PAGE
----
Sunday, March 7, 2010

Felonious monks

Yonhap is reporting an increase in serious crimes among the largely single population of foreign residents (hence the oh-so-clever title):
Violent crimes committed by foreigners in South Korea rose 18 percent last year from a year earlier, a police report showed Wednesday.

The National Police Agency (NPA) said in its report that 7,812 foreigners were detained in 2009 for committing such felonies as murder, robbery and rape, up from 6,615 the previous year.

By type of crime, robberies nearly doubled to 260 from 133, while theft rose 45 percent to 2,001 from 1,343, the report showed.

"While the crime rate is going up in accordance with the surge in the number of foreigners staying in the nation, it could also be attributable to last year's intensive crackdown on crimes committed by foreigners," an NPA official said.

According to the Justice Ministry, 870,636 foreigners were living in South Korea as of December last year, with the number steadily rising from 854,000 in 2008 and 765,000 in 2007.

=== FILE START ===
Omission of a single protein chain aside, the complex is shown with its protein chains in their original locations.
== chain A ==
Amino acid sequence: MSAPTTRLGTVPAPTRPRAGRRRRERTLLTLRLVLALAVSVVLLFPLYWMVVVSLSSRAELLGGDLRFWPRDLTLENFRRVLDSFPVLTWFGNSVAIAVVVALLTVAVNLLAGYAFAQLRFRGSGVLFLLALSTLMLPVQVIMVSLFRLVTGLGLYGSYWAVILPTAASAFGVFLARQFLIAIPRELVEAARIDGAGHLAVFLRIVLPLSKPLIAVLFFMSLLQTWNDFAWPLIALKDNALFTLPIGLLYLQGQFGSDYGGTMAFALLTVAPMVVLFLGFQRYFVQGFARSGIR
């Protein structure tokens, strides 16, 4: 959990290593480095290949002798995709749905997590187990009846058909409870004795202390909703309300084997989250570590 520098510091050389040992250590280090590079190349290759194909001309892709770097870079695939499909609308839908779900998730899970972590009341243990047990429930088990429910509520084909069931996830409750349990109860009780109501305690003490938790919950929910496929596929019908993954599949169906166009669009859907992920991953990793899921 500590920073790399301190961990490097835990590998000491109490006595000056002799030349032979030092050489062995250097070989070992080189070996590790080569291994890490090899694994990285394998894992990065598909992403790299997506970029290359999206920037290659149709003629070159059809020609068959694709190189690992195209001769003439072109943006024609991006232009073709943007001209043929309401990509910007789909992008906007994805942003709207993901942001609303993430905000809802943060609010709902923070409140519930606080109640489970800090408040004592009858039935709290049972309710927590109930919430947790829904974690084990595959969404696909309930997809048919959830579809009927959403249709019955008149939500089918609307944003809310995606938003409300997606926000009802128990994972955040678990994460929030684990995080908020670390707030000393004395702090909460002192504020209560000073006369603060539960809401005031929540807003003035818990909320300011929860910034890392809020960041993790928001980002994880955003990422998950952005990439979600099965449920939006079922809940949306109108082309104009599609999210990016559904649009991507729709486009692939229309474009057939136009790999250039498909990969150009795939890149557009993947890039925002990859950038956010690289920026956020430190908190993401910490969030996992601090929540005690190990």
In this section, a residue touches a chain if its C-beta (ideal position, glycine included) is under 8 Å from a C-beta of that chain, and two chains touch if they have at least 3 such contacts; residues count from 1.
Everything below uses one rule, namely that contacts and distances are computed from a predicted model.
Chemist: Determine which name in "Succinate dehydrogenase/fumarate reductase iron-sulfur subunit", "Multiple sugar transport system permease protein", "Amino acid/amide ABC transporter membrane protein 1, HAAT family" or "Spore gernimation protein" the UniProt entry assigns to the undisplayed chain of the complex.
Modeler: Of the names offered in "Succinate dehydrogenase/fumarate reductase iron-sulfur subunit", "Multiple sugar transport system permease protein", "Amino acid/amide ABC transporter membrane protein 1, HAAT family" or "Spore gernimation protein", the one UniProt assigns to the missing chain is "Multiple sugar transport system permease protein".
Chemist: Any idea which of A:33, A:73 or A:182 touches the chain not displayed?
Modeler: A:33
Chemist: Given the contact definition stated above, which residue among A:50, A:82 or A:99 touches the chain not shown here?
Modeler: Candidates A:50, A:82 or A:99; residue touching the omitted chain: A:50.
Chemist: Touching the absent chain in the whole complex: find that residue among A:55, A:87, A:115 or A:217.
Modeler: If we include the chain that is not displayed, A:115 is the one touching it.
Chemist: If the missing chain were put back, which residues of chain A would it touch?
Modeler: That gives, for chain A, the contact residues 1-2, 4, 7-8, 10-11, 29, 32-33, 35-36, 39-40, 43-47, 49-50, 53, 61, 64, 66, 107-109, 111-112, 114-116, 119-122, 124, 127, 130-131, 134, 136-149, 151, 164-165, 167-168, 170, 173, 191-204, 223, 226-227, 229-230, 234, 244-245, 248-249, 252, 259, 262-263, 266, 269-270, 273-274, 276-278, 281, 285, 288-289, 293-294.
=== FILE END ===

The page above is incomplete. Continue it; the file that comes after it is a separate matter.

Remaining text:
Naturally one should ask if the increase in total violent crimes is commensurate with any increase in foreign nationals. Well, using their numbers, we have a rate of 897 violent crimes per 100,000 people in 2009, versus 865 violent crimes per 100,000 in 2008. This represents about a four percent increase in the rate.

Hold on, make that 897 versus 864 arrests for violent crime. This could mean a lot of different things. Greater attention to crime committed not just by foreign nationals but also against foreign nationals could lead to an increase in arrests even if the actual incidence of crime committed by foreign nationals were to have decreased (and I have no particular reason to believe that's the case, just throwing that out as a reasonable possibility).

Similarly, though, these numbers don't necessarily point to a more law-abiding foreign population vis-à-vis the KoKo population. I've never been fond of the "well, the Korean population has even more arrests!" argument, since it compares all Koreans with anglophone foreigners who tend to be of a more educated socioeconomic class, thus an apples-and-oranges comparison.

Anyway, it's nice to see that they're separating out the traffic tickets from the serious crime (anti-USFK leftists would lump all legal matters into one number, with murders and running of red lights all lumped together as equals) but it is dismaying to see any significant amount of crime going on at all.

1 comment:

  1. Oh, duh. I could have saved myself a lot of time just by pointing that out instead of making the same point.

    For the most part, the various foreign communities in Korea are pretty well-behaved. Not completely, but mostly.


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